Great Park audit testimony paints picture of runaway project

The 118-foot-high Great Park Balloon observation ride. Testimony from an audit of the project paints a picture of a runaway project derailed by waste and cronyism. The project's backers defended their role and have called the audit a 'witch hunt.'
(Don Bartletti / Los Angeles Times)

Testimony from an audit of the $200-million effort to transform a retired Orange County military base into one of America’s great municipal parks paints a picture of a runaway project that was eventually crippled by waste, dysfunction and cronyism.

Former park officials said the Great Park project was commandeered by a longtime Irvine councilman, and described the design process under his watch as so disorganized that it was, at one point, likened to a ship adrift at sea.

Councilman Larry Agran, an ardent booster of the park, fostered an environment of cronyism by bringing aboard consultants who served as his chief lieutenants and giving them nearly unchecked power, the transcripts suggest.

Transcripts were released ahead of a full forensic audit of Great Park spending, and auditors had the power to subpoena witnesses for their work. The audit is examining how Irvine spent more than $200 million on plans for the 1,300-acre park with little developed land to show for it.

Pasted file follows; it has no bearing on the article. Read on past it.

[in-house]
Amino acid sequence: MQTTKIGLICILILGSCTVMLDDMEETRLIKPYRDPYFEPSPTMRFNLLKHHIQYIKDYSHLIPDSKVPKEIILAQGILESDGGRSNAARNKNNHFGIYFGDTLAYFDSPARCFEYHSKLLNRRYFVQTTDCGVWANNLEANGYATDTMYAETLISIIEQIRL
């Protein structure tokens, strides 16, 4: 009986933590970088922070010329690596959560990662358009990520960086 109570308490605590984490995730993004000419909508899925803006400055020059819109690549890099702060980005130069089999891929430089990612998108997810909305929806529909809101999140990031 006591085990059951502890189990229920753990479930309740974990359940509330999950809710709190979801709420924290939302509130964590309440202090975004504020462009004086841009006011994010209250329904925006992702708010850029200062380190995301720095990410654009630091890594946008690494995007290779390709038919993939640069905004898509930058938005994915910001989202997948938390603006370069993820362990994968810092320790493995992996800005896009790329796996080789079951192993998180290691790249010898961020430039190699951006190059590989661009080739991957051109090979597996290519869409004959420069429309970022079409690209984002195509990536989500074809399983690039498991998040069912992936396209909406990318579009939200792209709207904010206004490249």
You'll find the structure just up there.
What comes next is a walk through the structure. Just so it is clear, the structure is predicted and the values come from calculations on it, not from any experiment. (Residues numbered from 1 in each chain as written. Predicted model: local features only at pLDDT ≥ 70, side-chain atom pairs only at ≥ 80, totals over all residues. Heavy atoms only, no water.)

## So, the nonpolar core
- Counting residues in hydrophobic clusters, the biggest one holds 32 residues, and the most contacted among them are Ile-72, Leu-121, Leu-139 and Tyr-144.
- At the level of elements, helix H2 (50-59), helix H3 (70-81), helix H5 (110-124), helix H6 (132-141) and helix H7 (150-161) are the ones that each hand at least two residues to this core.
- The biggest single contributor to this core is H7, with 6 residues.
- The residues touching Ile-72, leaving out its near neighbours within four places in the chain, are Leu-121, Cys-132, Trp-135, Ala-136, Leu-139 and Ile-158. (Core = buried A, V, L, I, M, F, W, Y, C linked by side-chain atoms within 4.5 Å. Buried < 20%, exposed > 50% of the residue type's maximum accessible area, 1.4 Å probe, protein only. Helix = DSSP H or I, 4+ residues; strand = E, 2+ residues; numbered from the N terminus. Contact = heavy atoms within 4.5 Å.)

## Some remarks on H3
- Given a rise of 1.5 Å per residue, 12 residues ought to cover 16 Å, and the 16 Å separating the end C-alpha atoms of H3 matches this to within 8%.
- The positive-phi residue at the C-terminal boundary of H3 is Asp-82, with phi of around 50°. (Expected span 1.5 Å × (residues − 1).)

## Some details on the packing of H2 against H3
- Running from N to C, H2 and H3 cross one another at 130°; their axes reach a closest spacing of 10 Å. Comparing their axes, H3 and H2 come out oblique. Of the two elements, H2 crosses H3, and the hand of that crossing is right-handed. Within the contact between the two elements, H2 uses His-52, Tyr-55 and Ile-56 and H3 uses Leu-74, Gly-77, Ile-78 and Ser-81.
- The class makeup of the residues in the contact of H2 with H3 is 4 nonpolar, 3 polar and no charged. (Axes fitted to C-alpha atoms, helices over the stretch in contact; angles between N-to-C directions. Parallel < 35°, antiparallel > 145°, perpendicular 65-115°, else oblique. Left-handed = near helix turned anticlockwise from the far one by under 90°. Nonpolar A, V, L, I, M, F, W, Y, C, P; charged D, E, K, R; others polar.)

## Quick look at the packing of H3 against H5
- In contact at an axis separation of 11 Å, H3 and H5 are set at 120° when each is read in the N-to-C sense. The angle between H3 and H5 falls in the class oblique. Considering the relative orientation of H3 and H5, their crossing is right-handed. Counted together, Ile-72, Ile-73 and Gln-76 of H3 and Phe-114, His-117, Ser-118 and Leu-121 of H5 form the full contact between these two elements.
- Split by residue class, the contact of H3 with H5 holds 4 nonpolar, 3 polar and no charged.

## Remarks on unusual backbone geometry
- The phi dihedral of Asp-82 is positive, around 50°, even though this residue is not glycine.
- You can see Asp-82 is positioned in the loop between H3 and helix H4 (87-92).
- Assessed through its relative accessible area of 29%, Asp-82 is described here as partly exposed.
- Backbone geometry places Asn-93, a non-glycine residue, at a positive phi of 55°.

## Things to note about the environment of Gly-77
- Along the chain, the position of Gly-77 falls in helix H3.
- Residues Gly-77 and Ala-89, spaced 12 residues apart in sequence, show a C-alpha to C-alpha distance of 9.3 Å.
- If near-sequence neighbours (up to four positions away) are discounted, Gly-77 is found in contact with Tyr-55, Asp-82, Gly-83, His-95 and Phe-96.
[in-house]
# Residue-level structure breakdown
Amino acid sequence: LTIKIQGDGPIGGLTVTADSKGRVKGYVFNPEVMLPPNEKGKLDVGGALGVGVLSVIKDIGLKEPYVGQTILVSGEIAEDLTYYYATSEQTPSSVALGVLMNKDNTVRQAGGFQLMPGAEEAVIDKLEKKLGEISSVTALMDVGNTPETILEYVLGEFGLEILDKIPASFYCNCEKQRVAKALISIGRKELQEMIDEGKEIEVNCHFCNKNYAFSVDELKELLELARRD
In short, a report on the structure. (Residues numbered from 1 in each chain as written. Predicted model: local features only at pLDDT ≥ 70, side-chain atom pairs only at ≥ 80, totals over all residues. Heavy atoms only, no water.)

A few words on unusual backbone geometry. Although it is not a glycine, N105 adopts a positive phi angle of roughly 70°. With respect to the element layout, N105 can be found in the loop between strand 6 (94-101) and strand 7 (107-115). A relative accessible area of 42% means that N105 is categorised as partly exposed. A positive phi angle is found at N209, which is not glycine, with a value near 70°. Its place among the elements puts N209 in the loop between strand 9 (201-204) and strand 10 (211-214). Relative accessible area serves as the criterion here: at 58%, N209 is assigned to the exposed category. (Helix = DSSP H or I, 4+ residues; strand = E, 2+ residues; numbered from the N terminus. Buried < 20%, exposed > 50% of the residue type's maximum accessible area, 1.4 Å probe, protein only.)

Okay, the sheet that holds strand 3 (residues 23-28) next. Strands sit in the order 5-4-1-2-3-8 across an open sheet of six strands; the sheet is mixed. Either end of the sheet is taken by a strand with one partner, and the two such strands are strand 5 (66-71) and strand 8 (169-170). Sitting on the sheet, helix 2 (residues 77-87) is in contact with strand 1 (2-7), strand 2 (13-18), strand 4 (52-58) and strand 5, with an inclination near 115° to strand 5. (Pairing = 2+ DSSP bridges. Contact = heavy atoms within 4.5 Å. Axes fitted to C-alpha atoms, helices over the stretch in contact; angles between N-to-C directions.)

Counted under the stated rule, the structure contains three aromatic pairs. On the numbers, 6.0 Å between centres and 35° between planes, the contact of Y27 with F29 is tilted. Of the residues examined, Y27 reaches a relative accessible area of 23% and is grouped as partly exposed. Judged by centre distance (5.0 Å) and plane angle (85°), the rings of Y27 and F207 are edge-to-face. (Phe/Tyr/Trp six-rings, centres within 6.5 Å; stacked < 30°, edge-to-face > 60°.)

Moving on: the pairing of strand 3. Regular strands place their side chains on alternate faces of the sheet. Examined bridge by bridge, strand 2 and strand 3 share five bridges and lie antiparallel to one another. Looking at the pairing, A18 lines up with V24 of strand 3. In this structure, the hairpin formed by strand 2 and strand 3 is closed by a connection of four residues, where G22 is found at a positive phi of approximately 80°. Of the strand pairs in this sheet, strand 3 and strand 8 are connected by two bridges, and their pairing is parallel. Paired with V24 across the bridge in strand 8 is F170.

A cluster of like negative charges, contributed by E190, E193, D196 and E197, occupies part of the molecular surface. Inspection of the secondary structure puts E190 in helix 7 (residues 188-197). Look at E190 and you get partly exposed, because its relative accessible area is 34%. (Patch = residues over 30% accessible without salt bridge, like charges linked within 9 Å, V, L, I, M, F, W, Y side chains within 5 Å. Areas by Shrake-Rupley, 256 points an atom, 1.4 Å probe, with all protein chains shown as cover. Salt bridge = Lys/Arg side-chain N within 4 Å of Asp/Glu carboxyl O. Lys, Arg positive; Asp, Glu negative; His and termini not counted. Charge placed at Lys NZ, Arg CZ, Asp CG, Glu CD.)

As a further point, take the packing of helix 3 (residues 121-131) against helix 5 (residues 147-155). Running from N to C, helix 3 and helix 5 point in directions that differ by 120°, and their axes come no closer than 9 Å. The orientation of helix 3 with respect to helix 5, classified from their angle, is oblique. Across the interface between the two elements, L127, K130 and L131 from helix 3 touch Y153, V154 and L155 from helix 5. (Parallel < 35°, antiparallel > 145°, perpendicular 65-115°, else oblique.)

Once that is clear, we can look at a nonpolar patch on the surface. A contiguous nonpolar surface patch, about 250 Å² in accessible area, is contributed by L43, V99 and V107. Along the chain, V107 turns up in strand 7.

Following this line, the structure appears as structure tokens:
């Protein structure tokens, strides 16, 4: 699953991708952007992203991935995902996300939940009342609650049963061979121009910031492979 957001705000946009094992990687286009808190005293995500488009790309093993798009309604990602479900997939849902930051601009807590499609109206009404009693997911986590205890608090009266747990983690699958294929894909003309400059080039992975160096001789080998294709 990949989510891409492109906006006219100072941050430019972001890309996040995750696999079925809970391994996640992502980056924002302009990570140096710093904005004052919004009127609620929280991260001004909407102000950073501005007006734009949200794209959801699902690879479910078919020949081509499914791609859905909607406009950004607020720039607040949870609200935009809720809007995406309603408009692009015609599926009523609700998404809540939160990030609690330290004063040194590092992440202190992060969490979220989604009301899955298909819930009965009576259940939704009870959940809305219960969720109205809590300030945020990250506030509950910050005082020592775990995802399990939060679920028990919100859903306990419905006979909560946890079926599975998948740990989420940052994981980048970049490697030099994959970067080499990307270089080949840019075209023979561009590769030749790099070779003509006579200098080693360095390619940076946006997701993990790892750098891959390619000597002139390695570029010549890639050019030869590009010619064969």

Witnesses deposed for the audit said the consultants — one with a long, colorful history in California politics — were allowed to rack up enormous bills as they championed virtually impossible visions.

“Once Larry Agran and his group took control of this thing, there were no budgets,” testified former Irvine Co. Chief Executive Richard Sim, who served on the Great Park board. “It was like the sky was the limit.”

Sim said contracts were not properly put out to bid and, instead, were steered to the councilman’s associates — people whom city staffers derisively referred to as “FOL,” or “Friends of Larry.”

Sim said a disregard for good business practices, and the fear of potential illegal activity, drove him to resign from the board after about two years.

Agran, who served as chairman of the Great Park Corp. for five of the seven years covered by the audit, dismissed accusations that project consultants were allowed to run freely under his watch, saying such criticism is unfounded and politically motivated.

“This is a taxpayer-funded political witch hunt,” he said, stressing that his critics have failed to “find even one dollar unaccounted for.”

What started out as a vision for a showpiece in the vein of San Diego’s Balboa Park or even New York City’s Central Park has now been scaled back. A builder has agreed to develop a golf course, sports complex and other amenities on a portion of the old base in exchange for the right to build thousands of homes along the park’s perimeter.

“We had a saying among the insiders,” testified William Kogerman, a former Great Park board member and a retired Marine. “We never seem to have enough money to do it right, but we always have enough money to do it over.”

Kogerman said he had an uneasy feeling of constant whiplash during his tenure.